Rubbing with soapy water
Back home, I continued to apply soapy water and rub my shoe lasts until the wool fleece was firm. Apprehensive, I put both lasts into the washing machine along with a pair of old jeans to add friction.
With the slippers rattling around I was quite worried about how they would turn out. However I followed Gillian’s guidelines and kept them in for a second wash and spin to toughen them even more. With the wool now fulled, I carefully cut out the slipper shape and removed the polystyrene moulds. Now it’s time to allow the slippers to dry out.
Decorations to try
Gillian showed us how easy it is to make felted wool roses and flowers to decorate our slippers if we wanted to. I decided to keep mine simple, but if you feel like adding a felt rose, it’s really easy. Just cut a length of felt in your chosen colour and then wind around, starting with a tight wind at the beginning and then loosening out the outer ‘petals’ as you go. Hold the base tightly as you go and secure with a few stitches underneath. Then simply stitch on to your finished slippers.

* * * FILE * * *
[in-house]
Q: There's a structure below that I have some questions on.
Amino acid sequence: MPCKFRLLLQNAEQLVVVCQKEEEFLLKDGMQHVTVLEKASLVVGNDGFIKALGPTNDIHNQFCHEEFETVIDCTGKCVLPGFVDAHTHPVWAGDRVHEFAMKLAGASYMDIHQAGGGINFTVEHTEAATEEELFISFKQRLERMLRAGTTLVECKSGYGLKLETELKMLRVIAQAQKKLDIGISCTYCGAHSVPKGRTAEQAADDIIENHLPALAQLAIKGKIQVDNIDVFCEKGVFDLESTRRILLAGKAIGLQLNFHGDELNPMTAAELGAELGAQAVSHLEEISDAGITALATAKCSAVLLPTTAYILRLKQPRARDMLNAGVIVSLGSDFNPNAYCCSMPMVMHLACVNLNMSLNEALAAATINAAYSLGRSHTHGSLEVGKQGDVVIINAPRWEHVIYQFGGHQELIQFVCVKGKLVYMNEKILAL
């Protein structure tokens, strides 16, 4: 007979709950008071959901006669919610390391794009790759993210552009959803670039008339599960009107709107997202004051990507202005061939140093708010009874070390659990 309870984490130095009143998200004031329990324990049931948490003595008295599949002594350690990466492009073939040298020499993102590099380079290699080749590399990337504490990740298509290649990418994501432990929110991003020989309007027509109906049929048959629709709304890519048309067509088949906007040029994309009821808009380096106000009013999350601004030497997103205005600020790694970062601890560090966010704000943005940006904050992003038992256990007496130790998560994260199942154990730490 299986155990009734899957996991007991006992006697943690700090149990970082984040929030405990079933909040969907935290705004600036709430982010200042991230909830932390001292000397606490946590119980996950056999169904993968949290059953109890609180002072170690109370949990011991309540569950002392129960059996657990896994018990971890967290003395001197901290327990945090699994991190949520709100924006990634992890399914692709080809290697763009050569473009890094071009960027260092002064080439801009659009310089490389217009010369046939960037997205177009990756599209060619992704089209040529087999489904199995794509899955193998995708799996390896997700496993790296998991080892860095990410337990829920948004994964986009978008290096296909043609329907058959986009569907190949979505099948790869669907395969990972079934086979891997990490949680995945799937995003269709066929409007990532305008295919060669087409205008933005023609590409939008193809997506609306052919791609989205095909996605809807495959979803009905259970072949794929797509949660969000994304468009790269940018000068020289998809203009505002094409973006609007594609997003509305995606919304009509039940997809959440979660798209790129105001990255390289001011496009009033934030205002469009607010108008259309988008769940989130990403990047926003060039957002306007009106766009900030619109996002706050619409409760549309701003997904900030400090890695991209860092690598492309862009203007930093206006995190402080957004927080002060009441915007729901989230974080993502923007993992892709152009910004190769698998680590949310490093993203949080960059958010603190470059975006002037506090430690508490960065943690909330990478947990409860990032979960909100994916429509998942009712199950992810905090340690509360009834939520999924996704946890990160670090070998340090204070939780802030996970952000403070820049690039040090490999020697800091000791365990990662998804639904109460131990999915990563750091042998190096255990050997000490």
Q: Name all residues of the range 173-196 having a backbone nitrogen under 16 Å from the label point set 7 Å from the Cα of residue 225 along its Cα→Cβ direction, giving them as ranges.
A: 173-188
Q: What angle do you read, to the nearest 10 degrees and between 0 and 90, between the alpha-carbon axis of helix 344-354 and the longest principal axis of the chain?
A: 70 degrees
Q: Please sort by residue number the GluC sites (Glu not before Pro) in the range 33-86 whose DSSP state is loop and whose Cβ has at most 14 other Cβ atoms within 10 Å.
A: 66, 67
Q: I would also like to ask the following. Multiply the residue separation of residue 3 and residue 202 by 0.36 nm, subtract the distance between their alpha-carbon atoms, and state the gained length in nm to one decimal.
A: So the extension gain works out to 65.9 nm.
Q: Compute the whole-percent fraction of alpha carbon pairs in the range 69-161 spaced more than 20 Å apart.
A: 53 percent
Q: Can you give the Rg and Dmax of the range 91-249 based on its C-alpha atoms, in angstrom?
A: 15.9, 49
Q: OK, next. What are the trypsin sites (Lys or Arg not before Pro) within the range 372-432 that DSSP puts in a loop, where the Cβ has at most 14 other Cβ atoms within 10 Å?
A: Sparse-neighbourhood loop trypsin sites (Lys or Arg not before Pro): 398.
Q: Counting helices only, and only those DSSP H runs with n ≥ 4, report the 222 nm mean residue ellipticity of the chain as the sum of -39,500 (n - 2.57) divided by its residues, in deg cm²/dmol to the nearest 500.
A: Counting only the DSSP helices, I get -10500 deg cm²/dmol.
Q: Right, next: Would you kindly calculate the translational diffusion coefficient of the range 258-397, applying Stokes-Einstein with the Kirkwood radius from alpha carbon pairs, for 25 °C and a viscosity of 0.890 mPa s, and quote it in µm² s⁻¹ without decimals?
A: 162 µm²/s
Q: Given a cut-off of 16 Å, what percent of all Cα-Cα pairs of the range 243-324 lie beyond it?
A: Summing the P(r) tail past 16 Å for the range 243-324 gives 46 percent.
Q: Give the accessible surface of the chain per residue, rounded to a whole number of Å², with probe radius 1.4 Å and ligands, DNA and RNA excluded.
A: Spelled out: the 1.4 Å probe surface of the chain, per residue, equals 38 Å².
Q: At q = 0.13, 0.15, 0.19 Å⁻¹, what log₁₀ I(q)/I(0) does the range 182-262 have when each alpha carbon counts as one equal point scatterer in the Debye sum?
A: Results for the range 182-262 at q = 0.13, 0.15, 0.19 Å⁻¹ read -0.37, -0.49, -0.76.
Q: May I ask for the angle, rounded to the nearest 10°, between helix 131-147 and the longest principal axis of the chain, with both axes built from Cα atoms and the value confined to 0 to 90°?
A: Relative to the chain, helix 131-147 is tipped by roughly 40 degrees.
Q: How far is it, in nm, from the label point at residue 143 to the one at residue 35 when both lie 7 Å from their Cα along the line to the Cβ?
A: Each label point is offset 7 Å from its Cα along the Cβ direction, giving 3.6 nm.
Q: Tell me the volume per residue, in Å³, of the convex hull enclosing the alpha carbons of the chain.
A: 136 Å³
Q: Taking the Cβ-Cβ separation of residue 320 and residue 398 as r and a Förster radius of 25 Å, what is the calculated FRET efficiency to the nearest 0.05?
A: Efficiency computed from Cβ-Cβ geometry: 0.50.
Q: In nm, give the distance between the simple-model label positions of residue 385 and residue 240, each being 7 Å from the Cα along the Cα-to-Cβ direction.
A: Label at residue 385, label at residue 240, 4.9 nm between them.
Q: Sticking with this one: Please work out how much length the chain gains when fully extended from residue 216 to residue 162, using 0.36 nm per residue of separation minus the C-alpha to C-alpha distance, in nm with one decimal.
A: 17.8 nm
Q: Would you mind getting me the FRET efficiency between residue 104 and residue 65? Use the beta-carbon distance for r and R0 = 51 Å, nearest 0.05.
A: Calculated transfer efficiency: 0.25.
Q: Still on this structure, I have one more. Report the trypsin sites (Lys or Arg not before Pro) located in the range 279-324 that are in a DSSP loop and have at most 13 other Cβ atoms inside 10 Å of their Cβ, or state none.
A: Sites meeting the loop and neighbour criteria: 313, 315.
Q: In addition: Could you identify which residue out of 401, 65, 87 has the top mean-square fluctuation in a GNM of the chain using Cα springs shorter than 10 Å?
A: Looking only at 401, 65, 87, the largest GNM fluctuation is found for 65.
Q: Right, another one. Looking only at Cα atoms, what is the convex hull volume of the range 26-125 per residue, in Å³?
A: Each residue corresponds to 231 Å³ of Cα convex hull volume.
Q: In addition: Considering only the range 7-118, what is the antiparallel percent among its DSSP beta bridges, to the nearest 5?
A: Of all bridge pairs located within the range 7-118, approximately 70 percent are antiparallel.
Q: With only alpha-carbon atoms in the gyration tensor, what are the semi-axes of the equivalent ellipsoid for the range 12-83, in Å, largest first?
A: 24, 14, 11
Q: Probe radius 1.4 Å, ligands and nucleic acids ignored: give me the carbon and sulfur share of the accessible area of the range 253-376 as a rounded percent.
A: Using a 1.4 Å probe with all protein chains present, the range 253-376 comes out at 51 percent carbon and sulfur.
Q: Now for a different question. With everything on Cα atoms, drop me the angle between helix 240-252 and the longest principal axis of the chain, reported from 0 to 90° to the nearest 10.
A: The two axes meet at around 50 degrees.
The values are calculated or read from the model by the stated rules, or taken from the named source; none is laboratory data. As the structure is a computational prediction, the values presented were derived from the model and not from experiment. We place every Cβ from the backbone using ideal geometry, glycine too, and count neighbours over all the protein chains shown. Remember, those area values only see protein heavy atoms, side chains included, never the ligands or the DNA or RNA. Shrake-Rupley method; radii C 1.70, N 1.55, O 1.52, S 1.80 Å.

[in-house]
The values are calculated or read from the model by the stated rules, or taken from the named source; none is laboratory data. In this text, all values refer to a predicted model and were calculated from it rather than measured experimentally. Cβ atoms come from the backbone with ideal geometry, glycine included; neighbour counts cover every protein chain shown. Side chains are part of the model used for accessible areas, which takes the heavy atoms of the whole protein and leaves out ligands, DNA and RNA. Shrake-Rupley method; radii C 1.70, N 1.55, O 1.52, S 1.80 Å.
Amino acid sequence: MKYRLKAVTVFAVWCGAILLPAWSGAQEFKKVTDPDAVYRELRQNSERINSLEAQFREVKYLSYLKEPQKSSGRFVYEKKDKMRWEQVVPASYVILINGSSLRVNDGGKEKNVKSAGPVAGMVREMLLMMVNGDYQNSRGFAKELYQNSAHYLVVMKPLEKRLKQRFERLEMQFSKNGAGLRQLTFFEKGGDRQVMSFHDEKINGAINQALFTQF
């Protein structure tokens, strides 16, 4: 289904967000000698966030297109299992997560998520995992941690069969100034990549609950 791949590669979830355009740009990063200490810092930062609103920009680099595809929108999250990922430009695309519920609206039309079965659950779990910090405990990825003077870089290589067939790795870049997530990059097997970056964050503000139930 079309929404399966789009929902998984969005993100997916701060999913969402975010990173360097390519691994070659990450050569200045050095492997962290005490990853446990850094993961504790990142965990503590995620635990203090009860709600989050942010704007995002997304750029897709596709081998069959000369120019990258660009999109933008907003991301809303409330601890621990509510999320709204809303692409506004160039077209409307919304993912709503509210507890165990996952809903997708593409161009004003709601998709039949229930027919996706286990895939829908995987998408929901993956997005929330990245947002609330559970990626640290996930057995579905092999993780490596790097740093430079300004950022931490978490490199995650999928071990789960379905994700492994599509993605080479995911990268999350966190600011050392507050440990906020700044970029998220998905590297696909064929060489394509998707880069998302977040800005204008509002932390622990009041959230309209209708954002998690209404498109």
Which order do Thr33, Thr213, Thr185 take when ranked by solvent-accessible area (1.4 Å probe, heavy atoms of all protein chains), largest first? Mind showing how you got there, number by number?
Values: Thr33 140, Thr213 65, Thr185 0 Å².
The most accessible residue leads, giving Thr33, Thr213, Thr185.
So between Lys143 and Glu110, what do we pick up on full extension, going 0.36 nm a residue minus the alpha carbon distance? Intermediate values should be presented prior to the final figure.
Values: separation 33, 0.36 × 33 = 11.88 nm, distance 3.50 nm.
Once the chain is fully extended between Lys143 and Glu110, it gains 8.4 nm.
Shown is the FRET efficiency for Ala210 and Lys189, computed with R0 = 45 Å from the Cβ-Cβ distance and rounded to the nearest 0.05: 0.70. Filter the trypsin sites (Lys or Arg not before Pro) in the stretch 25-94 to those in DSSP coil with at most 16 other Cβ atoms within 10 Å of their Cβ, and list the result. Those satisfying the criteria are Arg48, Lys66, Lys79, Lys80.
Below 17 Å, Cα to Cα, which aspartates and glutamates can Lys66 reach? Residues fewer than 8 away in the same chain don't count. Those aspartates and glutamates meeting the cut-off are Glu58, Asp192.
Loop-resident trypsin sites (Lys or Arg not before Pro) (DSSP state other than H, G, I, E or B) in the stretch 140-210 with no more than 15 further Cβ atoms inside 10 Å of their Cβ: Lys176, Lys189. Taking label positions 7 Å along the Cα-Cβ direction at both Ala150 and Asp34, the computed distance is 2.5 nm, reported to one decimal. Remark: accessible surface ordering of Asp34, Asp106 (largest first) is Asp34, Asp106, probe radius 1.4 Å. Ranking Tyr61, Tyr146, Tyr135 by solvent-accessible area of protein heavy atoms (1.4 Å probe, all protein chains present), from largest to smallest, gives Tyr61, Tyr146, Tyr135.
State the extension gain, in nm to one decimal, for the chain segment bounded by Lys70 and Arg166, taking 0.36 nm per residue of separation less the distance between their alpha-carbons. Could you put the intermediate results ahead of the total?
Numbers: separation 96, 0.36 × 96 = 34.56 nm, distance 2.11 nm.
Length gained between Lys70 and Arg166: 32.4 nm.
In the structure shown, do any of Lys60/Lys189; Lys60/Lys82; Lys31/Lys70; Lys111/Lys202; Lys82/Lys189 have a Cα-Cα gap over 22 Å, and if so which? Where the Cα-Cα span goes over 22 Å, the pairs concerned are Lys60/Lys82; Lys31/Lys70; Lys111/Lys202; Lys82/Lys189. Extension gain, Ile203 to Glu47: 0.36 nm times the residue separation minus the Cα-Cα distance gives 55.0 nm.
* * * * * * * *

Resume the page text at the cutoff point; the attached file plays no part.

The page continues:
The finished result
The result is a beautiful pair of cosy lilac slippers with pretty rosebuds. They are perfect for warming my toes in front of the fire this Christmas.
This one-day course is ideal for anyone wanting to try their hand at something a little bit different. The making process is quite unusual and the finished product is truly unique.
Alongside felted slipper workshops you can also learn how to make felted bags, jewellery, hats and pictures. All I have left to do now is have my slippers soled. I think I’ll brave my local shoe menders… I wonder how he will react?
Buying the materials online
Gillian’s online shop has many of the materials you need to make your own pair of slippers. Her felt slipper kit is perfect if you want an easy project to get stuck into.
The slipper lasts are also available to buy from Gillian’s shop
Ideas to try next…